The South Fork is delighted to have installed its first prototype sign. Please come check out our sign on the Meadow Loop Trailhead at Lindbergh Drive and let us know what you think! Comments and suggestions are welcome!

Sewage Contaminates The South Fork

On Wednesday, October 29, 2014, bad news poured in from creek watchers.  Atlanta Watershed spokeswoman Scheree Rawls confirmed that raw sewage poured into the South Fork of Peachtree Creek after a rain. Debris in the creek is the cause probable of the 5,500 gallon spill, from damage to a new sewer pipe near the CSX Railroad tracks just upstream from Taqueria Del Sol at Cheshire Bridge Road.

Emergency crews worked quickly to repair the system, adding signs alerting nearby neighbors to the unsanitary conditions.  Rawls says the city reported the spill to the Georgia office of Environmental Protection.

The spill is near a large tank built to hold sewage during rainstorms. Atlanta is completing a court-ordered repair of its sewer system, and in June installed a ten million gallon tank to store raw sewage off Cheshire Bridge at Liddell Drive. The tank is designed to take pressure off two sewer lines on either side of the creek. 

Clearly, rainstorms are part of the problem. The Watershed Department's website says the Liddell Tank is intended to prevent spills during storms. The following was taken from the city’s website peachtree-creek-capacity-relief-project: "System capacity is sufficient to convey dry weather flows but is compromised when conveying peak flows generated during wet weather."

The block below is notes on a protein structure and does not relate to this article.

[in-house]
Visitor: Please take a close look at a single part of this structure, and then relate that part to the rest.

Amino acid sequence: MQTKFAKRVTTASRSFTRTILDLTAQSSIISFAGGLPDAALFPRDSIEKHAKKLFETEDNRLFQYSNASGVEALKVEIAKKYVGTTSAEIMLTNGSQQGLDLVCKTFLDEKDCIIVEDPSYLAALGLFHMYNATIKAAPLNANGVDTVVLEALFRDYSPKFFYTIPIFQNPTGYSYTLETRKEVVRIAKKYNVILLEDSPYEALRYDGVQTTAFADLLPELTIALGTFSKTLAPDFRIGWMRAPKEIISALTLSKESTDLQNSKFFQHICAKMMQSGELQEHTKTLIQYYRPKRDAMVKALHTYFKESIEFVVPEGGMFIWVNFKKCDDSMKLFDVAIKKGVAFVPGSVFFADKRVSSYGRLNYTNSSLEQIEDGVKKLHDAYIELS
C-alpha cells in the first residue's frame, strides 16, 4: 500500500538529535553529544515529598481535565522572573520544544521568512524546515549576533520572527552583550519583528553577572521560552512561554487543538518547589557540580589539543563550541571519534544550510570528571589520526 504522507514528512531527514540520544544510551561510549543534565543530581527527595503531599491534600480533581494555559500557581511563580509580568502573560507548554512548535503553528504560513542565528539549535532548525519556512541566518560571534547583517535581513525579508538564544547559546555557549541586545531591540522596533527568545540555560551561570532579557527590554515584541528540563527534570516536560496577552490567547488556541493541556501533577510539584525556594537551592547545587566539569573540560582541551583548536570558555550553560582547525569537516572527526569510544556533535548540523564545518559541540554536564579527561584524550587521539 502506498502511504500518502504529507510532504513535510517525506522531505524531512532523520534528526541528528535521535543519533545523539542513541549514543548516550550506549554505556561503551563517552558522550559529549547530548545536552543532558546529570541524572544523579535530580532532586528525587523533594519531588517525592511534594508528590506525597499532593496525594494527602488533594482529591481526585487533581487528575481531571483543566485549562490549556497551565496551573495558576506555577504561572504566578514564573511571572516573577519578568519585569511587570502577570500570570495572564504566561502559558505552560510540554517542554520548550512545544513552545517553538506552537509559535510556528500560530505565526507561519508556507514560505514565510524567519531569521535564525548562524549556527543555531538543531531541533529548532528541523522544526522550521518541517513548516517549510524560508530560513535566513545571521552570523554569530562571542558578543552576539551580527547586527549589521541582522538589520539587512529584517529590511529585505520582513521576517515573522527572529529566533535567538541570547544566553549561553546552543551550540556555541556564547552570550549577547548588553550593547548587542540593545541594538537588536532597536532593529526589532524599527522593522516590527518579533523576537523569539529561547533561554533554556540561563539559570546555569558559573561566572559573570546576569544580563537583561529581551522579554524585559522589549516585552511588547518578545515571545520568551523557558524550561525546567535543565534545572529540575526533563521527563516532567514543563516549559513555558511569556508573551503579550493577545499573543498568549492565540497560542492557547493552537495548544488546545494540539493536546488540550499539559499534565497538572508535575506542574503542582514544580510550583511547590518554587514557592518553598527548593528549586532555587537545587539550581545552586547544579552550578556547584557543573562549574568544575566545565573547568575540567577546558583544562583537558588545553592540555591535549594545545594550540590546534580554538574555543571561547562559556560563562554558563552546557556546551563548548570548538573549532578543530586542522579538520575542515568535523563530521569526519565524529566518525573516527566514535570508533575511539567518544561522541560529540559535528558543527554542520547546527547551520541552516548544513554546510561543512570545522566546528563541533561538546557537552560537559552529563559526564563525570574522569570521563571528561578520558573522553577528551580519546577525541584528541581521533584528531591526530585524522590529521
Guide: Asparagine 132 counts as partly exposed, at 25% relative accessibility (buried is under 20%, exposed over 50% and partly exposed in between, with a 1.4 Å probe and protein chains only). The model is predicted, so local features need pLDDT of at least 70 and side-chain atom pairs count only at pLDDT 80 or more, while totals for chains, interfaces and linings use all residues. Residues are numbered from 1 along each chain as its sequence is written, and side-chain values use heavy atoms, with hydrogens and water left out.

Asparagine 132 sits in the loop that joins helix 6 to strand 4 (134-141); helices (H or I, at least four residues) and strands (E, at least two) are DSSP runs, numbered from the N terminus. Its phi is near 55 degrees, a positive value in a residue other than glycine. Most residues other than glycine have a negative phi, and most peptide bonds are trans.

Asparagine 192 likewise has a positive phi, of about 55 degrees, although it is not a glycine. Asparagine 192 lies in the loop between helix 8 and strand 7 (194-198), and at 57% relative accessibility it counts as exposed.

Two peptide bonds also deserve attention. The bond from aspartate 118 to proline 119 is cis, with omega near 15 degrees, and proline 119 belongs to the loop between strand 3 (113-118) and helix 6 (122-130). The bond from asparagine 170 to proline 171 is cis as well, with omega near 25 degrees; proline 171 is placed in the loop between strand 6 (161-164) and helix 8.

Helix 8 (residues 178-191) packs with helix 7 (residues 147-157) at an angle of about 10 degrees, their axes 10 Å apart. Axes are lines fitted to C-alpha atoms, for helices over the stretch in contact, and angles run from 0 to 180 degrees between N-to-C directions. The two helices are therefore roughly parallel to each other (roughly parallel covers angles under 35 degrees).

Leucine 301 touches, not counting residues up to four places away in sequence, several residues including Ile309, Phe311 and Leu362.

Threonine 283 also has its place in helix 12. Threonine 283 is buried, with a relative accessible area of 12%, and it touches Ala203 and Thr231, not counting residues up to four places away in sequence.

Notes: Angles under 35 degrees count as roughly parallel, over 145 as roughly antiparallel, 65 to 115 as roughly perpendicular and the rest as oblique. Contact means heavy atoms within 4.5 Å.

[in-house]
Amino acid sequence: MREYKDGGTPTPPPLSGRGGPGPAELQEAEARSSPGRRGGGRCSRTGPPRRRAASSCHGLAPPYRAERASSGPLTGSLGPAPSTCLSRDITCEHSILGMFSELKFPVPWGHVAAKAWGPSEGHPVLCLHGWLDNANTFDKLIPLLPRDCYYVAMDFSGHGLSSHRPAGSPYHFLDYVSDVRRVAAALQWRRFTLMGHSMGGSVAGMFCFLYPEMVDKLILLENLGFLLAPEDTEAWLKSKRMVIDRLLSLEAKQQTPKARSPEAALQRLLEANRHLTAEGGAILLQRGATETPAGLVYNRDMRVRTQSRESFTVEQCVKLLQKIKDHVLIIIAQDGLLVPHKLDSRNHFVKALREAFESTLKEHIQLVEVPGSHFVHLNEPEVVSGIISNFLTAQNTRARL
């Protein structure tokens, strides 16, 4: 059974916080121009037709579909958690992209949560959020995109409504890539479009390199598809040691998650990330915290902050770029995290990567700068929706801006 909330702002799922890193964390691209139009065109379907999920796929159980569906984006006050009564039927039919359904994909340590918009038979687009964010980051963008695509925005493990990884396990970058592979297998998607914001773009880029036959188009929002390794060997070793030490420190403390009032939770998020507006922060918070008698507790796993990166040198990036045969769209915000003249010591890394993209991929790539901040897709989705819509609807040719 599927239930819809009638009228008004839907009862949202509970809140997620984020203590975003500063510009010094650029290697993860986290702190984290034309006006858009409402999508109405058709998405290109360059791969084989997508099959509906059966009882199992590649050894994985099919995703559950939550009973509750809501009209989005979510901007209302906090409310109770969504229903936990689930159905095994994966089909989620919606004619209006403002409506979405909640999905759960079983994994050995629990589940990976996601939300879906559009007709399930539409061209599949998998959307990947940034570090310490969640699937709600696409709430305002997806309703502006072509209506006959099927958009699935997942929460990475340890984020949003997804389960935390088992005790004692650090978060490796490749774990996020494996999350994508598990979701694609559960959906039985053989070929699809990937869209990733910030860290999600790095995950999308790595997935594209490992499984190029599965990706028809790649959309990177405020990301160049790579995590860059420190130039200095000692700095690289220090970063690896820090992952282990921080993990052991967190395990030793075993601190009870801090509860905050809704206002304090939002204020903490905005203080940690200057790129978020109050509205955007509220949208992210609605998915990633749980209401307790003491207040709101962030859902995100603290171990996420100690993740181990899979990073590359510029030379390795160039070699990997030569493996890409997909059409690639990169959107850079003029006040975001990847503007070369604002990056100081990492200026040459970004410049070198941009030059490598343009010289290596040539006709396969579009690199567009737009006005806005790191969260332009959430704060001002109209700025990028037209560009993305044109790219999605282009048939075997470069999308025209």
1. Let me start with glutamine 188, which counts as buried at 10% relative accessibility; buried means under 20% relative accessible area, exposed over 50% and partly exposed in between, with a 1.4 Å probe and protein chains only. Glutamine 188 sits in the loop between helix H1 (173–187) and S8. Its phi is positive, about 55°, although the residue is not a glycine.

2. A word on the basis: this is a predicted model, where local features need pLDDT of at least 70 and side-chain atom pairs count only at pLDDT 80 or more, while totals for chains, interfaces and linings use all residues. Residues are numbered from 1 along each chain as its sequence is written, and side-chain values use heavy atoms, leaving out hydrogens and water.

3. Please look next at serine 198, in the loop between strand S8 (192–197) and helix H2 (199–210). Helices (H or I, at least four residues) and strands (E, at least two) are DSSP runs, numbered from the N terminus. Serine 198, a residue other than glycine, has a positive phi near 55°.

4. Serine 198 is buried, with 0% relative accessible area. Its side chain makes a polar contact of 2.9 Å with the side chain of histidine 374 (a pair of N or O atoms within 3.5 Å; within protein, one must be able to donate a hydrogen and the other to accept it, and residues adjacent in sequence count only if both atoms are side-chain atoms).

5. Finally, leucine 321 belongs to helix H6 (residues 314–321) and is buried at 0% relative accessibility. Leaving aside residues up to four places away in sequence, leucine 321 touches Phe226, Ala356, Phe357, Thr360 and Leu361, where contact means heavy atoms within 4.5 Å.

Planting day was a blast! Photo of Dean Sprinkle, courtesy of Marianne Skeen.

Planting day was a blast! Photo of Dean Sprinkle, courtesy of Marianne Skeen.

Community Creates Native Forest at Ira B Melton Park

By Valerie Boss, Chairperson, Friends of Ira B Melton Park

A couple of years ago, the entrance to Ira B Melton Park at Desmond Drive was so overgrown with privet that most people didn’t realize the place was there. Then, the South Fork Conservancy got the ball rolling; the neighbors got fired up and formed a Park Pride Friends group, and the Boy Scouts threw in many helping hands.

And now? The privet’s gone. Same for a tangle of English ivy and Asian honeysuckle. Thanks to a Park Pride Small Change Grant, some generous matching funds (from the Clairmont Heights Civic Association, Medlock Area Neighborhood Association, South Fork Conservancy), wonderful planting layouts by Ainsley Waken of Awaken Landscape Designs, and a tremendous amount of hard work by the local community, Friends of Ira B Melton Park replaced the invasive species with thriving Georgia natives.